In June 2013, just months after being elected, president Uhuru Kenyatta visited Uganda. I gushed in this column that his was arguably the most substantial state visit yet. Let me reproduce the first paragraphs.
“He maybe an ICC indictee and only Kenyans know why they elected him, but president Uhuru Kenyatta may just have made a most consequential visit of any leader to Uganda when he dropped in last week.
“Wow! The meeting president Kenyatta had with President Museveni, also attended by president Paul Kagame of Rwanda, was solid.
“Let’s see: oil pipelines and refineries, roads, railways, electricity, single customs territory, joint disarmament of cattle rustlers, e-identity cards, single tourist visa, political federation, work permits.
“Apart from political federation – which I do not support for reasons I will give on another day – that was an impressive list they pinned down.
“Days before the Entebbe meeting, president Kenyatta had signalled his seriousness. He ordered his officials to cut the number of days it takes to move cargo between Mombasa and Kampala to five from 18 within three weeks.”
That visit also birthed what came to be known us the Coalition of the Willing — countries within the East African Community ready and willing to move faster on closer economic co-operation. The implication was that Tanzania and Burundi belonged to the Coalition of the Unwilling.
Things may have slowed down in terms of implementation of some of those elements agreed upon in June 2013, but the intent was ambitious in a nice way. For example, while Uganda disarmed its cattle rustlers, Kenya is yet to do so, and only recently did presidents Museveni and Kenyatta sign a memorandum of understanding on a “joint cross-border integrated programme for sustainable peace and social-economic transformation for Turkana, West Pokot and Karamoja”.
Goods are reaching Kampala from Mombasa a lot quicker, but workings of the single tourist visa are ish-ish.
And, of course, Rwanda closed its border with Uganda — and in an act of madness is shooting dead petty traders (so-called smugglers) for whom the common border is literally about life and death and therefore not something to be trifled with to feed exaggerated politico-military egos.
This is a really winding way to get to say that if Congolese president Felix Tshisekedi’s recent three-day state visit rises anywhere close to the heights of the Kenyatta visit, that would be excellent news.
The scope of the stuff agreed may not be as wide but was nonetheless impressive. According to the communiqué, presidents Museveni and Tshisekedi “reiterated their commitment to strengthen cooperation in a wide range of areas including trade, water, energy, trade, tourism, transport, communication and defence, with the view to promoting structural transformation for peace, stability and the prosperity of the two countries”.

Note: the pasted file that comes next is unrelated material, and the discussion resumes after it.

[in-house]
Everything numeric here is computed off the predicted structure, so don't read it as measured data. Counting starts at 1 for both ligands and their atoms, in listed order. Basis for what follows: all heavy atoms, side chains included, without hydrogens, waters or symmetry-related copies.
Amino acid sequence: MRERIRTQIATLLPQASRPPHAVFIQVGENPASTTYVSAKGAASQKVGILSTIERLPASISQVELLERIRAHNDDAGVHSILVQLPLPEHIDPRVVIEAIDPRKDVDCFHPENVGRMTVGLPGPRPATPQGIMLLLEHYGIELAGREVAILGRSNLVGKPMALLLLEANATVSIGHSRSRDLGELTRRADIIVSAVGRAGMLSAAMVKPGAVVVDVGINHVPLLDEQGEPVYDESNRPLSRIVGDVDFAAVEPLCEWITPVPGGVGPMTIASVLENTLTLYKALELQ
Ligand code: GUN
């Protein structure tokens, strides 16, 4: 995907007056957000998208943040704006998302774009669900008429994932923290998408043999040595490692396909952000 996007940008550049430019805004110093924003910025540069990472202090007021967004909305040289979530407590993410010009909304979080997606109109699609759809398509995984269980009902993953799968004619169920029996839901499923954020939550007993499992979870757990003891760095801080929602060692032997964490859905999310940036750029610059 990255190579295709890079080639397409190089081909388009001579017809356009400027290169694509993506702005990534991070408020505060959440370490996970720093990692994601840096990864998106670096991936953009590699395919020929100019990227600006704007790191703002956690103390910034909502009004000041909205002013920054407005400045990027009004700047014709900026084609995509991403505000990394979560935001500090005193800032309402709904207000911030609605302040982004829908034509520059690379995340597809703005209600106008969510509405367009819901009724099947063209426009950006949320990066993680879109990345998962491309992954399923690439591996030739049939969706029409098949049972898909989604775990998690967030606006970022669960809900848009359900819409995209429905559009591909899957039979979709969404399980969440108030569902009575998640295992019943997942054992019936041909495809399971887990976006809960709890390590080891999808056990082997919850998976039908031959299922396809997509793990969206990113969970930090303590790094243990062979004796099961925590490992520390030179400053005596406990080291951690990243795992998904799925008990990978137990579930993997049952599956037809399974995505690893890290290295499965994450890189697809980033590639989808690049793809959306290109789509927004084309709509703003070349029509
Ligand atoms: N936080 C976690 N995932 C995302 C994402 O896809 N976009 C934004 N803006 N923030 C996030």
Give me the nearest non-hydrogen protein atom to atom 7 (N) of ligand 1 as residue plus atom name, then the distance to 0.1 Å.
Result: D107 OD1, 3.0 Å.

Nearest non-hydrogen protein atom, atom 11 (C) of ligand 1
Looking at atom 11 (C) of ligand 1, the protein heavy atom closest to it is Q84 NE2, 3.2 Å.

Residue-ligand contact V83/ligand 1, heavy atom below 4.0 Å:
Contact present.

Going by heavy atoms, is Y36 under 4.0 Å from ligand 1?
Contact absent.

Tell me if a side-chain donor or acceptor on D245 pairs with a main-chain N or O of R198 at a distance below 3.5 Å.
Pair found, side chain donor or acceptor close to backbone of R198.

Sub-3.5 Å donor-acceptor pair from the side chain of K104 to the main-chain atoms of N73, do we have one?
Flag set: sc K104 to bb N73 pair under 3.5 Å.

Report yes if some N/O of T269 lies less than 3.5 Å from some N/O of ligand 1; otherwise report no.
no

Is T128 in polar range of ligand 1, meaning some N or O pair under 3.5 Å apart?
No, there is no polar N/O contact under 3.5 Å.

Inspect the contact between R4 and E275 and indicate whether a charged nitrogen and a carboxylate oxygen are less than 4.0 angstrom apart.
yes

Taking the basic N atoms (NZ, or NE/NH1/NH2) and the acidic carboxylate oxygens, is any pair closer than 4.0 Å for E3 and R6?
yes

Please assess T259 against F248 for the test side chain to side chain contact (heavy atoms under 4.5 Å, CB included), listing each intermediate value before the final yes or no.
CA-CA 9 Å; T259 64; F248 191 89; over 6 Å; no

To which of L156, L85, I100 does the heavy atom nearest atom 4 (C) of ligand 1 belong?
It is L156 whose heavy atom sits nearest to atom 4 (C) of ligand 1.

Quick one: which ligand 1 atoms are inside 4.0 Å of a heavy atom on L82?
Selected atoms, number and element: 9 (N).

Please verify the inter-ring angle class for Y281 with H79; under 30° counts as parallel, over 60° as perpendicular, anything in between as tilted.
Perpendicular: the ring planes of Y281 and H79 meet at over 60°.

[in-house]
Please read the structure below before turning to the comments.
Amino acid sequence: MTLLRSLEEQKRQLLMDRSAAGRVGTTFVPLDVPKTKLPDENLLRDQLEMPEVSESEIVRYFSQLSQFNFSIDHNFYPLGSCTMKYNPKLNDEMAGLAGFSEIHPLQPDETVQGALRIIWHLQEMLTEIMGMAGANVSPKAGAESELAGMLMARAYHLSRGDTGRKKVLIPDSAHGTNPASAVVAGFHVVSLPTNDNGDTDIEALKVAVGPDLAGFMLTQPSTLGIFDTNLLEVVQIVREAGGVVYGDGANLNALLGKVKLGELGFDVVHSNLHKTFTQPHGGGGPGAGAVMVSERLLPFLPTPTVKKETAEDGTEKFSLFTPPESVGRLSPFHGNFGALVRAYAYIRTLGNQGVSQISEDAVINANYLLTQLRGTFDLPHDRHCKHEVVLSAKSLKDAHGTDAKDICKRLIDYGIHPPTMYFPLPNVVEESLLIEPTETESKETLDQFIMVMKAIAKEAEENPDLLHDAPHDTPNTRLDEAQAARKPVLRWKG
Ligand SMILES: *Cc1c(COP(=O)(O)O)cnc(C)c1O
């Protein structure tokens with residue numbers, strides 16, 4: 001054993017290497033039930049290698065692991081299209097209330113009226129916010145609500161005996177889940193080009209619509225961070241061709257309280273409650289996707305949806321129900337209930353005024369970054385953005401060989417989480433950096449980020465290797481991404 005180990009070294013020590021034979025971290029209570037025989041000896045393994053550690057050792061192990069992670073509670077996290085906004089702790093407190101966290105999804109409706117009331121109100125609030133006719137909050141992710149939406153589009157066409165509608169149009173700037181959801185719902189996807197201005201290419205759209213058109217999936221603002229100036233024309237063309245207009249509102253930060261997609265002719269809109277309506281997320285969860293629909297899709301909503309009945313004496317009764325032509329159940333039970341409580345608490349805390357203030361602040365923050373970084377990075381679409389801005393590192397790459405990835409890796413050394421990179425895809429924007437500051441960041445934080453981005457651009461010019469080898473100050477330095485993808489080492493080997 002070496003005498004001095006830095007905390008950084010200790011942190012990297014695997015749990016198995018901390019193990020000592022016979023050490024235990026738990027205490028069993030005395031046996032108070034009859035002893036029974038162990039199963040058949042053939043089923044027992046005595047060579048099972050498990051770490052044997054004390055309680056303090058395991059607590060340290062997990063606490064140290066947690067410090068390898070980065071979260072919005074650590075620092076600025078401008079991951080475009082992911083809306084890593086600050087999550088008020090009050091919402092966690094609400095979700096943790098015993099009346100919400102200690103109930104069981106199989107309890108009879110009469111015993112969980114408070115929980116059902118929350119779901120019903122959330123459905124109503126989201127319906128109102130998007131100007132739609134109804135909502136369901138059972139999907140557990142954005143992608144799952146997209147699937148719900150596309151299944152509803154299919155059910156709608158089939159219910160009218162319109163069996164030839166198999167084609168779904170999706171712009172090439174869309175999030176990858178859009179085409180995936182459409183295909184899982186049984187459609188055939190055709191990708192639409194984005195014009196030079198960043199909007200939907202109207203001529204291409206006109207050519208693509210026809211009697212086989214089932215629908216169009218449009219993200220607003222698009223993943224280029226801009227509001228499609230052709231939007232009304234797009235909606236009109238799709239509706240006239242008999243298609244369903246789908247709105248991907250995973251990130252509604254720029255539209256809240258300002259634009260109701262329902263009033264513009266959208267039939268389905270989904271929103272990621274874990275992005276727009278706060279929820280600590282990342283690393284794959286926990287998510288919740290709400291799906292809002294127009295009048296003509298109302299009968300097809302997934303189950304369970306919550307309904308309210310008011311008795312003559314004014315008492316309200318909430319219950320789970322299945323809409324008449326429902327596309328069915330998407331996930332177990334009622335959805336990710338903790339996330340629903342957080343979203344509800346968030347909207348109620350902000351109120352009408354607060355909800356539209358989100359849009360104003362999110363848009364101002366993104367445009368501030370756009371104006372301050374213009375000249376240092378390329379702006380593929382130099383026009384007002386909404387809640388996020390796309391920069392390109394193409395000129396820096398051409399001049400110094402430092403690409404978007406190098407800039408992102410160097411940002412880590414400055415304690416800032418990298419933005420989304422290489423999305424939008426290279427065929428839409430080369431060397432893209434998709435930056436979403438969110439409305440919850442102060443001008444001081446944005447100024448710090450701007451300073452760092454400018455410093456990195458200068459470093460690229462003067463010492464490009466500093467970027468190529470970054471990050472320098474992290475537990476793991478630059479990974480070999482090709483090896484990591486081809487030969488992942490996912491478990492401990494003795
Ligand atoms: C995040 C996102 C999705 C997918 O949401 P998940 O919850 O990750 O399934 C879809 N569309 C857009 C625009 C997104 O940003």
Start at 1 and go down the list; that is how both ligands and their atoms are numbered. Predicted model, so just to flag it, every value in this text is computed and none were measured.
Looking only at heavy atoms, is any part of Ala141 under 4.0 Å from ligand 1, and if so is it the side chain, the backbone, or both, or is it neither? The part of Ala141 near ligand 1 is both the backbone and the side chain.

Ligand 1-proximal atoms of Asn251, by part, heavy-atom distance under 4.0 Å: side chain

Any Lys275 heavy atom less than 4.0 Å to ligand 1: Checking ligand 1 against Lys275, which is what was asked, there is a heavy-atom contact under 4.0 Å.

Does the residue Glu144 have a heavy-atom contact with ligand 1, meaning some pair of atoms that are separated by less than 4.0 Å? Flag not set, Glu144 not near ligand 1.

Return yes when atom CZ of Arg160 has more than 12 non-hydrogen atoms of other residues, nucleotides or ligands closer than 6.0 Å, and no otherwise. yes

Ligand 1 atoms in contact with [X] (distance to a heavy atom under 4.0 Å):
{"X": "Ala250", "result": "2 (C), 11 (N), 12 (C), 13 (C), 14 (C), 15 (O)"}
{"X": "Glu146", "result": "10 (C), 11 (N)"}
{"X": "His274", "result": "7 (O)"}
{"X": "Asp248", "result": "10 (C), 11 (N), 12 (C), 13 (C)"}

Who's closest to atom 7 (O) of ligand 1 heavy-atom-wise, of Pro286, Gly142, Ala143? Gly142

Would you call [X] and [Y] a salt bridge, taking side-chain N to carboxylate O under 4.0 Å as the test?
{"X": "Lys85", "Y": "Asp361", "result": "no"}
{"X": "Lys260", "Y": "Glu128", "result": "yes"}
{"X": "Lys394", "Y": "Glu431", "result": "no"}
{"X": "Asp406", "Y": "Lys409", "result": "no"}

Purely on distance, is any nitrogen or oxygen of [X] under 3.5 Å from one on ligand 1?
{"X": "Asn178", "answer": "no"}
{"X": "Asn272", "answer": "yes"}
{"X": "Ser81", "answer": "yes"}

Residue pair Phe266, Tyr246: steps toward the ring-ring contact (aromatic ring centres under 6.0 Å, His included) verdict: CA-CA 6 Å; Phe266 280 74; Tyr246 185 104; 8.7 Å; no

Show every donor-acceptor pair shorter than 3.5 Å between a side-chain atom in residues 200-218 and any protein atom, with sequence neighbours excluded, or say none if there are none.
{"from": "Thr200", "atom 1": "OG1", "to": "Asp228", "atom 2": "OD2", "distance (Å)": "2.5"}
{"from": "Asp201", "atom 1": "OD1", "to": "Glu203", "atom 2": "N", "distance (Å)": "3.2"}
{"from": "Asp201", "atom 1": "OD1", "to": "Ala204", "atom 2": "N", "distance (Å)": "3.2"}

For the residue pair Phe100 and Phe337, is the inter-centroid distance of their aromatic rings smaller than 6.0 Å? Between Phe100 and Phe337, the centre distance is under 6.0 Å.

Importantly, they committed to something specific. “They identified and agreed to undertake joint development of the following key networks within 24 months: Mpondwe-Beni Road (977Km), Goli-Bunia Road (181 Km), and Bunagana-Rutshuru Road (24 Km).”
They directed their ministers to “meet within two months and agree on implementation modalities for the road projects and how to deal with the other bottlenecks to trade”.
If only the honourable ministers can actually meet within two months and get things moving, that would be a great day.
Speaking as a selfish Ugandan for a moment, the identified roads, if built, would benefit Uganda more because for the foreseeable future we have more to export than import from DR Congo. According to Uganda government officials, Uganda exported goods and services worth $474m to DR Congo in 2018 compared to imports of nearly $40 million.
It is a good thing then that Uganda is strongly supporting DR Congo’s application to join the East African Community. A flourishing DR Congo is a potential force for good for the bloc.
But, as an aside, it was significant that within days of the Tshisekedi visit, the UPDF announced that it had created a mountain division to look after security in the expansive Rwenzori region.
Boosting of military defence capabilities in this area will not only allow for the projects agreed upon during the visit to go ahead, but to also keep an eye on a less-than-friendly neighbour given to incessant sabre-rattling.
Bernard Tabaire is a media trainer and commentator on public affairs based in Kampala.